[This article appears in our November/December 2021 issue of ETF Report.]
Investments that meet certain environmental, social or governance criteria—otherwise known as ESG or socially responsible investments—have gained interest from investors and issuers alike this year.
The pandemic, extreme weather events and the movement for racial justice have drawn attention to the importance of sustainability and social responsibility. According to data from FactSet, there are now 160 socially responsible ETFs, with assets totaling over $89 billion.
Yet a glance at the funds that fall under this umbrella reveals a wide range, from the broad-based to the more thematic. Even those that sound alike can differ based on how the issuer or index defines ESG.
Since ESG preferences are personal to every investor, understanding the differences between these funds is essential to ensure the investors’ values align with the funds they’re selecting. Having a framework to analyze and consider the various types of ESG funds is critical for those who would like to invest within this space.
iShares Leads Pack
Some of the biggest socially responsible ETFs come from iShares and are the issuer’s take on ESG as it pertains to broad domestic equity, international equity and emerging markets. Three ETFs make up 40% of all assets invested in socially responsible ETFs.
The largest is the iShares ESG Aware MSCI USA ETF (ESGU), which, at $22 billion in AUM, is nearly a quarter of all socially responsible ETF assets by itself. The fund has a similar investment universe as that of the SPDR S&P 500 ETF Trust (SPY). According to the prospectus, the index selects and weights companies for positive ESG characteristics.
ESG For Everybody
These three ETFs fall under MSCI’s “ESG Aware” series. Other flavors of ESG offered by the issuer include “ESG Screened” and “ESG Advanced.” The ESG Aware series falls in the middle of the spectrum, seeking exposure to similar risks and returns as broad non-ESG ETFs, while targeting slightly more sustainable companies.
The process uses negative screening, excluding companies such as those that are classified as producers of civilian firearms and tobacco, or others that derive more than 5% of their revenue from oil sands extraction or the mining of thermal coal.
The benefit of using these basic, negative screens is that most who are interested in ESG investing are likely to agree that companies involved in these activities should be excluded for social or sustainability reasons.
Another benefit of these ETFs is that they’re fairly cheap, ranging from 0.15% to 0.25%. While more expensive than some traditional ETFs offered by iShares, this means that investors can get access to a portfolio that excludes the worst offenders in terms of ESG at a reasonable price.
Environmentally Friendly ETFs
However, these ETFs are unlikely to satisfy more discerning ESG investors who want a specific set of values to be reflected throughout their portfolio. For that, investors should turn to the wide array of thematic ESG ETFs that are available.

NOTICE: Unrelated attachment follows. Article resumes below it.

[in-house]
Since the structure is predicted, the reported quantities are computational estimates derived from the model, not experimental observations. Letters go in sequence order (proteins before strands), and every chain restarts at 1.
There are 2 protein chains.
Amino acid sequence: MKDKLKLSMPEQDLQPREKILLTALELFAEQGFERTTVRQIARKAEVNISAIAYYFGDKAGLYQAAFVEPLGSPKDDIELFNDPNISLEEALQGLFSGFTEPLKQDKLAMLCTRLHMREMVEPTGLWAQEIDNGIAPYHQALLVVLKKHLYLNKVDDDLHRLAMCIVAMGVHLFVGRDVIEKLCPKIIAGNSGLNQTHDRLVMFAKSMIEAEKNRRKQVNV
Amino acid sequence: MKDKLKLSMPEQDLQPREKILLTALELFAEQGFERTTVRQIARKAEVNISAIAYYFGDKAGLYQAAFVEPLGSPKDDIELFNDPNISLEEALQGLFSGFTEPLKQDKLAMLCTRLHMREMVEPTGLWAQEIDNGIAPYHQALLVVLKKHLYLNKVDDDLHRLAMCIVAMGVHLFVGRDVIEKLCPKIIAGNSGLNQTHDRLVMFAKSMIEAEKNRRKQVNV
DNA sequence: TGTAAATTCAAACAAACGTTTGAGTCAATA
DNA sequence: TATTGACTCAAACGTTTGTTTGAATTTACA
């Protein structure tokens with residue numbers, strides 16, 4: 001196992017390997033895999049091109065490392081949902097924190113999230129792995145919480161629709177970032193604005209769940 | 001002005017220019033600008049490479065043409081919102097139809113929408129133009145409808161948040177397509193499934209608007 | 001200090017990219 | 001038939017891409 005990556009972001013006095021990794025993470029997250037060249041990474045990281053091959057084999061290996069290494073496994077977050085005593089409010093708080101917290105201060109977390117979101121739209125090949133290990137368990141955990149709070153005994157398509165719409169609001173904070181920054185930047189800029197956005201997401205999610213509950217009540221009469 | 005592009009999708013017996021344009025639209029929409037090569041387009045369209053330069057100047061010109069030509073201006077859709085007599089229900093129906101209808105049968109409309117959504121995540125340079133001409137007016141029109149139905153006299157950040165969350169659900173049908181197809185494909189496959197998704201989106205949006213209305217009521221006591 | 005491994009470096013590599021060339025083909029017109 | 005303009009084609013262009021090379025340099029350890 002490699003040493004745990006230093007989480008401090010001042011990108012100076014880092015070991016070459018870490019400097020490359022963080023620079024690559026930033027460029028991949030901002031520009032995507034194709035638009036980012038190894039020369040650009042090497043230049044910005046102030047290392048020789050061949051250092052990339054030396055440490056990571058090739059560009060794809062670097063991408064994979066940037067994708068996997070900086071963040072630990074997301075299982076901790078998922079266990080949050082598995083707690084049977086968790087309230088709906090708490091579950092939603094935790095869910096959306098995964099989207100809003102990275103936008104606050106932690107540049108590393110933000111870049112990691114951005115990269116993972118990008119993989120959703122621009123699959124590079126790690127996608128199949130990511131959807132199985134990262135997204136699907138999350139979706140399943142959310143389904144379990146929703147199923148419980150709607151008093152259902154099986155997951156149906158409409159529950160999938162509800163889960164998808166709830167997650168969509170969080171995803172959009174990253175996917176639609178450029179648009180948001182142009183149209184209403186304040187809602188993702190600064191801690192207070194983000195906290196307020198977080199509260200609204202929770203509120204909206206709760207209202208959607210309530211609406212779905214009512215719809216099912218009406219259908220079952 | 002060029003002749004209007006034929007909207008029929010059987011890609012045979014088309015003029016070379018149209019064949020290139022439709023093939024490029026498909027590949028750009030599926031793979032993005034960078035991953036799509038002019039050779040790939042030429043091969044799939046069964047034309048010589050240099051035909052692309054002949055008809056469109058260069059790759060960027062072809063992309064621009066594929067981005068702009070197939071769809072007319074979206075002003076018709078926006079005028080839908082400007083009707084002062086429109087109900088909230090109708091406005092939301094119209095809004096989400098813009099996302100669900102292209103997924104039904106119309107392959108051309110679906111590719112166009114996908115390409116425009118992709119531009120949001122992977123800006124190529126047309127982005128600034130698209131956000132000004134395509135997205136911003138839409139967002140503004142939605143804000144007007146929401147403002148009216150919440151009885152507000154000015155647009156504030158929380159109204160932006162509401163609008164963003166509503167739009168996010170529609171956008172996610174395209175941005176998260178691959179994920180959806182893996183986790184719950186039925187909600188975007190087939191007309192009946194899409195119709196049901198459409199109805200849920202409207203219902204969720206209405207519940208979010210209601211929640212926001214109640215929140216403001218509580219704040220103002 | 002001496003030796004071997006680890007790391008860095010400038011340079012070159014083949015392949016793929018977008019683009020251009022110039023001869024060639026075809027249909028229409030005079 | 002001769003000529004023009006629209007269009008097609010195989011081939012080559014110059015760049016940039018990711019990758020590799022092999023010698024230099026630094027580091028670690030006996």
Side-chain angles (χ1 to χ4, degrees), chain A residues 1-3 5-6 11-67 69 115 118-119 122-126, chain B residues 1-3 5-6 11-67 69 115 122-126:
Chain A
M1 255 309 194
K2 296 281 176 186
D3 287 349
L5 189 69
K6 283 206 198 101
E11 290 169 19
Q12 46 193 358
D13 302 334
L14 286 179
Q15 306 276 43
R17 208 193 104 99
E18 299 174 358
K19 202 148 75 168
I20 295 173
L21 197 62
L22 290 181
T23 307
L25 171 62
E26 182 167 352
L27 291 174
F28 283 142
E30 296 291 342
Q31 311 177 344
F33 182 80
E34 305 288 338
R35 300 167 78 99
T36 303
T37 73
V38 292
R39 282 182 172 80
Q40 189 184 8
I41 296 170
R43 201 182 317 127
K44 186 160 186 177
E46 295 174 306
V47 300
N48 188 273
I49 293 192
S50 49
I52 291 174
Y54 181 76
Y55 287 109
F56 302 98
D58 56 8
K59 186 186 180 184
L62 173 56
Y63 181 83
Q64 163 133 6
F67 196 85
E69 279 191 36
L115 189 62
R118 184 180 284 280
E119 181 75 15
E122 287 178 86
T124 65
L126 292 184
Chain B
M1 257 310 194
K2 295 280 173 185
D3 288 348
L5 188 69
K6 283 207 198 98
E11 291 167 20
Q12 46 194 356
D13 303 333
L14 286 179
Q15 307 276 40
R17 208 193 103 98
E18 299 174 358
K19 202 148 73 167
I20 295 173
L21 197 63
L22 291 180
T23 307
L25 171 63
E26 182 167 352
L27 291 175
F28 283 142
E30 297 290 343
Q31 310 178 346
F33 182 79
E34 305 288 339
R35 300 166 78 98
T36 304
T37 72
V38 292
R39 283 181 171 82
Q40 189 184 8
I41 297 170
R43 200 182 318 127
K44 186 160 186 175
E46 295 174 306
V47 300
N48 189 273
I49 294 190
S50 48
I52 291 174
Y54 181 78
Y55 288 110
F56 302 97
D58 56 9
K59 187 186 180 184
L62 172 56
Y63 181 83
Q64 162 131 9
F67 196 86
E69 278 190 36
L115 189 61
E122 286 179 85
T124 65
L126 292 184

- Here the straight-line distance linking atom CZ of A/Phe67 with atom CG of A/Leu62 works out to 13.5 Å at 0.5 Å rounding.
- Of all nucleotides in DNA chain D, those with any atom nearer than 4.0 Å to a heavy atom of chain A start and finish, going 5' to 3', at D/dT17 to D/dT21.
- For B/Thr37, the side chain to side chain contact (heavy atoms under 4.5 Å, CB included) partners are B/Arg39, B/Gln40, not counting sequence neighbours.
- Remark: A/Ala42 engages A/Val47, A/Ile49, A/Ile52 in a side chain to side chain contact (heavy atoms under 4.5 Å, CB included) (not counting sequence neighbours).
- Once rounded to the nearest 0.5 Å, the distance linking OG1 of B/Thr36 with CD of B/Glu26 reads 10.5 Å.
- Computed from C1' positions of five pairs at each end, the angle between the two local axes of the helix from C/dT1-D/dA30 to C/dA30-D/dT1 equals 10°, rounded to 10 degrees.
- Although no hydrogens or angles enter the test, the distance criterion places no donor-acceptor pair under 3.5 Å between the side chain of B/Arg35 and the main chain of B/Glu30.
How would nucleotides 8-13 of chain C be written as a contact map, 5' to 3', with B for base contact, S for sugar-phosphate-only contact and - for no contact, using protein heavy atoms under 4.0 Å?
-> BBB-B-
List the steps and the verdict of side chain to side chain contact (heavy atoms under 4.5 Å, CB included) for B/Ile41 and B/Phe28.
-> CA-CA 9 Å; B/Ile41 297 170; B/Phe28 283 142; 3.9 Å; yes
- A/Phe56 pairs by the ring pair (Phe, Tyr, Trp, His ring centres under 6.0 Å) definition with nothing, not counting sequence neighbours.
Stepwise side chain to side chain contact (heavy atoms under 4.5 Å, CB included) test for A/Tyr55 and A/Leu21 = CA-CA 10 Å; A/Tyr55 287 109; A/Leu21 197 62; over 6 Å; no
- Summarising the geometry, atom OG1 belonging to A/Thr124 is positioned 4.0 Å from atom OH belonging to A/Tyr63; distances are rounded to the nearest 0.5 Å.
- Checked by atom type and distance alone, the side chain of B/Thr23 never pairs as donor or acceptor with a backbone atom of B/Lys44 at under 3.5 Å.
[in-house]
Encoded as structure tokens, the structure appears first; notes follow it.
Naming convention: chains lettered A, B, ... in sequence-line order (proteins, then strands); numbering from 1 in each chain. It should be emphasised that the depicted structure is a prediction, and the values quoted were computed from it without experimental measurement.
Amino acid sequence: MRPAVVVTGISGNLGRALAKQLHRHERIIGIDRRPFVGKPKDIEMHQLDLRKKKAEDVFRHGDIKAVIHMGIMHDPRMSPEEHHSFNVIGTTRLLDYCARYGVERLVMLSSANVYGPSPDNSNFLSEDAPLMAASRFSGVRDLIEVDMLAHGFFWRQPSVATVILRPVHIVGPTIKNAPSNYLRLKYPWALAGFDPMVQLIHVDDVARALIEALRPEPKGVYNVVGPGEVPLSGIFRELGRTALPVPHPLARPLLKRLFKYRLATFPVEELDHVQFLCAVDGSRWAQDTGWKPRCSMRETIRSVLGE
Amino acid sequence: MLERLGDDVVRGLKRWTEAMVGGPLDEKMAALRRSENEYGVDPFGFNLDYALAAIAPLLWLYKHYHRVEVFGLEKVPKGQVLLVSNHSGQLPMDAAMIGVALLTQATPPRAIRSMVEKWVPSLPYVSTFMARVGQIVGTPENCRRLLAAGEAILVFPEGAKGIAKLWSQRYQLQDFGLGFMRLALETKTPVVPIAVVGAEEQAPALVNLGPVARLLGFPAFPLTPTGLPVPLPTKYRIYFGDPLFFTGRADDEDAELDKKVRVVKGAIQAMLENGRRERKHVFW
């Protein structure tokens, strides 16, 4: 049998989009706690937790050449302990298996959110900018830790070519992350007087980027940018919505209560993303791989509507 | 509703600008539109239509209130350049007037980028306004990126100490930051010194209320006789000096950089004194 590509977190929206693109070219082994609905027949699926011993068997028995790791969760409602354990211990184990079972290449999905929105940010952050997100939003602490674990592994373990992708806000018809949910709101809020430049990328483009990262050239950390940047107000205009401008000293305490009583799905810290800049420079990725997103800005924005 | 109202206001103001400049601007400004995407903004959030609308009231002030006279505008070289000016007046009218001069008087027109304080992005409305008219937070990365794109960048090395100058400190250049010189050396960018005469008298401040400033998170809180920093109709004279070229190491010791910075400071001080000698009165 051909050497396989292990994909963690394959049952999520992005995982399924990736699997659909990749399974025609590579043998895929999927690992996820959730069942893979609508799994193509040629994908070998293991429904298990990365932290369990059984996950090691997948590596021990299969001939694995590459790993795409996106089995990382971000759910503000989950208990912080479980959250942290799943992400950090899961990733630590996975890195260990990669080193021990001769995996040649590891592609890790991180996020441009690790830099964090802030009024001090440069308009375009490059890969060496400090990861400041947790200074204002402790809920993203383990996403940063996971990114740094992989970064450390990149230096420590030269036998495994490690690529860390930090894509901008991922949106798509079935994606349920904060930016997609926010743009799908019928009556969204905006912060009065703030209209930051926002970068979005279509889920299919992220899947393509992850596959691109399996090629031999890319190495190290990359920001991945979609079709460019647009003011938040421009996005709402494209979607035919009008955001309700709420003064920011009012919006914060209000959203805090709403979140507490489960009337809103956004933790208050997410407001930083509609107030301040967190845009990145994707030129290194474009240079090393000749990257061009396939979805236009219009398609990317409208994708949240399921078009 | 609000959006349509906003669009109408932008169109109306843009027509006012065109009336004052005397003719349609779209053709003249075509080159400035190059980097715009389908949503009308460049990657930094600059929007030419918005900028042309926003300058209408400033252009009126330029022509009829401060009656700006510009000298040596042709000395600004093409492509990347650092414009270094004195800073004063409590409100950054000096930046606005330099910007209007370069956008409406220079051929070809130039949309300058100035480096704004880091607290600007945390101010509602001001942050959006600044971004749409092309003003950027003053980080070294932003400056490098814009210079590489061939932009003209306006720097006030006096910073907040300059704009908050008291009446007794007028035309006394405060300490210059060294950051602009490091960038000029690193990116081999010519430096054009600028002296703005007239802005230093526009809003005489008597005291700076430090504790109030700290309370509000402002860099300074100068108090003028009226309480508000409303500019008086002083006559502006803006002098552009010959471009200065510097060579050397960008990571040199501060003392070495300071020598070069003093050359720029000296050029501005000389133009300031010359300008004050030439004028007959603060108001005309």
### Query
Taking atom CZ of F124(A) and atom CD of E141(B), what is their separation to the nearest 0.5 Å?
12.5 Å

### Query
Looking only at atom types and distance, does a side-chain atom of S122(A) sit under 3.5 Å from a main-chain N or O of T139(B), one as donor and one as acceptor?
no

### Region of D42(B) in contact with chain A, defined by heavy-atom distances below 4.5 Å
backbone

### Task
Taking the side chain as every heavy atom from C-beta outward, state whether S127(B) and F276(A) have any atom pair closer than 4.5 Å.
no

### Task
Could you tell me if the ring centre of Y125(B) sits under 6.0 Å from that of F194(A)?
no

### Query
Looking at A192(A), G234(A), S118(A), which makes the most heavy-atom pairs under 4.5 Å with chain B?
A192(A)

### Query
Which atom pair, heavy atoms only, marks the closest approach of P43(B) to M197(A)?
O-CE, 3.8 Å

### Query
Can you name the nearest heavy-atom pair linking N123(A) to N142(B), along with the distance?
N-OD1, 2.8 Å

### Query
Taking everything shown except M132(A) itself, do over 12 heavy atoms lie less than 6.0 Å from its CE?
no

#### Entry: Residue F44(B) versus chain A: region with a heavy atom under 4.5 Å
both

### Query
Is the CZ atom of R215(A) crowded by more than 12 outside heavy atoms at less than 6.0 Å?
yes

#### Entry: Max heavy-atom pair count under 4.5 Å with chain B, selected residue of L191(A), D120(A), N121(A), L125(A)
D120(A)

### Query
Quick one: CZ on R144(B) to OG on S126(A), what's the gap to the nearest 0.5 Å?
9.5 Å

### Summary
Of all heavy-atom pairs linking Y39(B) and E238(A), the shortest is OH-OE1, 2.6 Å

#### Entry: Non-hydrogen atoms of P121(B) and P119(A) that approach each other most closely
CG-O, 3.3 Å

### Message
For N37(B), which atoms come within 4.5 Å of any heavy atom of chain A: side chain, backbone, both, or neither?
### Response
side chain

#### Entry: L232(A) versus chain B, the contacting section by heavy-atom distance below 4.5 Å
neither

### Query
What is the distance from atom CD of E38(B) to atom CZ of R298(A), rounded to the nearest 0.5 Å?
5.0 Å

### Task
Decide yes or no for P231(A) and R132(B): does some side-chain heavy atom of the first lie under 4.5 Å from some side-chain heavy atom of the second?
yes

While these ETFs haven’t drawn the same assets as more broad-based diversified ESG funds, they do have more targeted investment mandates that help align the portfolio with specific sustainable or socially responsible criteria.
Many of these ETFs target environmental concerns. Nearly a quarter of the 160 socially responsible ETFs use the words “clean,” “low carbon,” “fossil fuels,” “green” or “climate” in the fund name.
The largest of these ETFs is, once again, an iShares fund. The iShares Global Clean Energy ETF (ICLN) invests in global clean energy companies, defined as those involved in the biofuels, ethanol, geothermal, hydroelectric, solar and wind industries.
State Street is another large issuer with its own take on environmentally friendly ETFs. The SPDR S&P 500 Fossil Fuel Reserves Free ETF (SPYX), for example, tracks an S&P 500-based index, excluding companies with known fossil fuel reserves.
These two portfolios look significantly different from one another, even though they’re both different versions of an environmentally friendly ETF. And earlier this year, BlackRock rolled out two actively managed ETFs covering companies that are likely to benefit from the transition to a low-carbon economy. The BlackRock World ex U.S. Carbon Transition Readiness ETF (LCTD) and the BlackRock U.S. Carbon Transition Readiness ETF (LCTU) launched in April, with LCTU ending its first day of trading with $1.25 billion—the fastest ETF to reach the $1 billion threshold ever—and LCTD racking up $586 million. While investors can get more targeted exposure through ETFs like these, there’s still due diligence required to ensure the theme is being expressed in the way the investor prefers.
Social Issues In Focus
Environmental issues are not the only ones ETFs seek to address. Those who care about social issues such as gender diversity and racial equity can also find ways to implement those values within a portfolio through the ETF wrapper.
Here, State Street has an option as well. The SPDR SSGA Gender Diversity Index ETF (SHE) is one of the largest socially focused ETFs, with nearly $300 million in AUM.
This ETF invests in companies that employ women in high-level leadership roles, defined as being on the board of directors or in executive positions at the senior VP level or higher. While this fund has a targeted focus, performance is highly correlated with that of SPY, at an expense ratio of 0.20%.